Monday links: currency competition

14May07

The Ticker Sense Blogger Sentiment Poll shows a big increase in net bearishness.

John Spence at Marketwatch.com on increased competition in the currency ETF space.

IndexUniverse.com on how newly introduced currency ETNs may have tax advantages compared to existing currency ETFs.

Yvonne Ball at WSJ.com on the full-circle some private equity-backed firms are making via the IPO market.

Cerebrus takes over Chrysler, or should we call it a “give-over”? (via DealBreaker.com)

Claudia H. Deutsch in the New York Times the evolution of Cerberus Capital Management’s strategic moves into the automotive industry.

Paul Kedrosky at Infectious Greed on a glaring juxtaposition in the auto industry.

FT Alphaville on the risky proposition that is “bridge equity” for investment banks.

Merissa Marr and Andy Pasztor at WSJ.com on the stamina behind Rupert Murdoch’s deal-making history.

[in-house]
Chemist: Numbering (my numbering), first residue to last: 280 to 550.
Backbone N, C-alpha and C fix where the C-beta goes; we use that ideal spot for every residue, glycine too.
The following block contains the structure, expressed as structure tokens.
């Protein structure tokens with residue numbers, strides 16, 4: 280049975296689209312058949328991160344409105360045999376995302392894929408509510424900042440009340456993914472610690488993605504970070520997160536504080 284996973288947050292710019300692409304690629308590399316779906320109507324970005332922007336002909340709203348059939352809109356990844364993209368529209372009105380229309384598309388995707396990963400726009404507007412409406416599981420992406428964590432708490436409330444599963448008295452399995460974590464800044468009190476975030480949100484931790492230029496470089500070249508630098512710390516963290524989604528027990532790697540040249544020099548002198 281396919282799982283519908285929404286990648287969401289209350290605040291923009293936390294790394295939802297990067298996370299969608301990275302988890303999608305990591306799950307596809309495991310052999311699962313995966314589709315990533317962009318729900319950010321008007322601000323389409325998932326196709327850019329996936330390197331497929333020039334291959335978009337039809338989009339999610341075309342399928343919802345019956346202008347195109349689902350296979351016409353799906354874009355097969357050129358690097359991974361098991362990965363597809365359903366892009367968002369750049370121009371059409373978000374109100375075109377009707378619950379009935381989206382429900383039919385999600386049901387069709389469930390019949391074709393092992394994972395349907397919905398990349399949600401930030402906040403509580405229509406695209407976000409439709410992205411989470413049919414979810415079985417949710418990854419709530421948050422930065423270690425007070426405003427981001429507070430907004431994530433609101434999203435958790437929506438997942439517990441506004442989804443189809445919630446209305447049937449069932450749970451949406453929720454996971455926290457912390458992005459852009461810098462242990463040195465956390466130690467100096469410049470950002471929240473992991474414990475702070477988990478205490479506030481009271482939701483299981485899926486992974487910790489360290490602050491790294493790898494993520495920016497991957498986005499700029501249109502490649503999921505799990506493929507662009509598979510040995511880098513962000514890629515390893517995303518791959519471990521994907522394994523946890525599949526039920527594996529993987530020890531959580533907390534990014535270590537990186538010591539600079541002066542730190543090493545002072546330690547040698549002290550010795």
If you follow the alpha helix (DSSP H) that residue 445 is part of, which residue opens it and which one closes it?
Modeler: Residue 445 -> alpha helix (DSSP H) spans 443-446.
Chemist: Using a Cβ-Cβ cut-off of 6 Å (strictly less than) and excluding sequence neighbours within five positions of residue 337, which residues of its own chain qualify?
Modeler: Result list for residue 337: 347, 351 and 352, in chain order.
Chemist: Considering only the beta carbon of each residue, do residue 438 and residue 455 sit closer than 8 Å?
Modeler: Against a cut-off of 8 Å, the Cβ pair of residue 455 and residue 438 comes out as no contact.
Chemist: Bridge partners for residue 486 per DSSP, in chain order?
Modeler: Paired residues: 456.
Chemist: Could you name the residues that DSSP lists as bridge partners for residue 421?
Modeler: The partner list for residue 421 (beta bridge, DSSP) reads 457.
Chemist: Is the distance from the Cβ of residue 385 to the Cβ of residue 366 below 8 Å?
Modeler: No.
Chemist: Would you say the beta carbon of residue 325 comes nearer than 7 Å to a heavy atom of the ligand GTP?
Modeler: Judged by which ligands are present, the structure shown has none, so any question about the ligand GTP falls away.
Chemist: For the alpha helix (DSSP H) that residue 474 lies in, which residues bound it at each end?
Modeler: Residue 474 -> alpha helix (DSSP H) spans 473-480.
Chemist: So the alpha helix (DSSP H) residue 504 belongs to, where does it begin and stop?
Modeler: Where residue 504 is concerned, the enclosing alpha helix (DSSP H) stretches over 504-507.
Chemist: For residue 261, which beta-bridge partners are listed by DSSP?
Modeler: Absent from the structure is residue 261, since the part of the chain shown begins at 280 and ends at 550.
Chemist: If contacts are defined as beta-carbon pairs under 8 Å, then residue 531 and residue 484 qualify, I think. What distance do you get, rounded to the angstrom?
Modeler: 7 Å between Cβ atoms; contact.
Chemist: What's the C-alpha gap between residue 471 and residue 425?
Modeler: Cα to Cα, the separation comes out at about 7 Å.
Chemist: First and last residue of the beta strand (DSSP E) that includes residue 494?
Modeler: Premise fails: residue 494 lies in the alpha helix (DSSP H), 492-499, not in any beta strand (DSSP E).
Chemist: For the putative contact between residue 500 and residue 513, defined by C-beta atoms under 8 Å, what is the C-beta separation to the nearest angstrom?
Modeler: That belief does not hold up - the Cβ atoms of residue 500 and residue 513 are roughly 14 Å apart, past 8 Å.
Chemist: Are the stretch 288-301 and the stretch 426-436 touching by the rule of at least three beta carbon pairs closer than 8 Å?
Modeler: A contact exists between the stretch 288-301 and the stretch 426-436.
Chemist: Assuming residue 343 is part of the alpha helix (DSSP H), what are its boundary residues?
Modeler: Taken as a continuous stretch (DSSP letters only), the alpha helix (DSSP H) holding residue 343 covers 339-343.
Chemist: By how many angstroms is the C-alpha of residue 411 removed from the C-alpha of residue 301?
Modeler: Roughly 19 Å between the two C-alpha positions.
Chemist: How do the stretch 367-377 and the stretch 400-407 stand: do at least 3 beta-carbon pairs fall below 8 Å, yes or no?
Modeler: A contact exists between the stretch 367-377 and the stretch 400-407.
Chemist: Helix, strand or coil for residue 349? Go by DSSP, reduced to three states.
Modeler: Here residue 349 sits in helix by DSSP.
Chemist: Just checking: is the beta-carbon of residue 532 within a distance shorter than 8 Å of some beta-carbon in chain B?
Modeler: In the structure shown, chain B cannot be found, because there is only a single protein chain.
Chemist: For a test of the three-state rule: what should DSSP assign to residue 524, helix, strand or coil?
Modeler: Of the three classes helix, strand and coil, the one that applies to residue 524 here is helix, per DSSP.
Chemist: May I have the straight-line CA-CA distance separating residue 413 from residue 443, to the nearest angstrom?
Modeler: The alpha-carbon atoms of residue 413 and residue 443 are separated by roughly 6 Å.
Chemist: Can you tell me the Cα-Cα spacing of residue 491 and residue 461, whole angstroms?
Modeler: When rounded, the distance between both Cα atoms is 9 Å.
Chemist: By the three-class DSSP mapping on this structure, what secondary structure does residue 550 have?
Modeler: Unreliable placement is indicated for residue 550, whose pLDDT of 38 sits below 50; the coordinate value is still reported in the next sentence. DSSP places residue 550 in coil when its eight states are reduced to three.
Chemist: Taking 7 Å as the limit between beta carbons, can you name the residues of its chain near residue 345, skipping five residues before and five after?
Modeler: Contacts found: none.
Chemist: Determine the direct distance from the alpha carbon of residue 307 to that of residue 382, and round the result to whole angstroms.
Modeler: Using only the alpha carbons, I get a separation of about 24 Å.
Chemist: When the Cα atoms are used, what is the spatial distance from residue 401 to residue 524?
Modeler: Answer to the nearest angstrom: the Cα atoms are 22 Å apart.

Richard Perez-Pena in the New York Times on a weakness at the Wall Street Journal, i.e. low profit margins, underlying Murdoch’s bid.

Gregory Zuckerman at WSJ.com profiles a large hedge fund complex that continues to shoot out the performance lights.

We are suckers for any post that cites the “First Citiwide Change Bank” SNL skits. (via All About Alpha)

James Picerno at the Capital Spectator on the complex interplay in the markets between value and momentum.

An Andrew Lo paper at SSRN.com introduces a new measure of the value of active management. (via Paul Kedrosky)

Heather Bell at IndexUniverse.com on more research into the nature of fundamental indexation.

Lewis Braham at BusinessWeek.com looks at the ease in which individuals can now short the market.

Barry Ritholtz at the Big Picture with fresh evidence on the economy’s “Slow-Motion-Slow-Down.”

This should be interesting. A stellar line-up discusses Daniel Gross’ new book, Pop! Why Bubbles are Great for the Economy over at TPM Cafe.

Becker and Posner on supervoting shares and family control of newspapers.

Tyler Cowen at Marginal Revolution on a book debunks the widely-cited Tulipmania story.

Who knew? The “Five Second Rule” works, kind of… (via Freakonomics Blog)

Have we missed an interesting post? Drop us a line and we will take a look.

Advertisements


%d bloggers like this: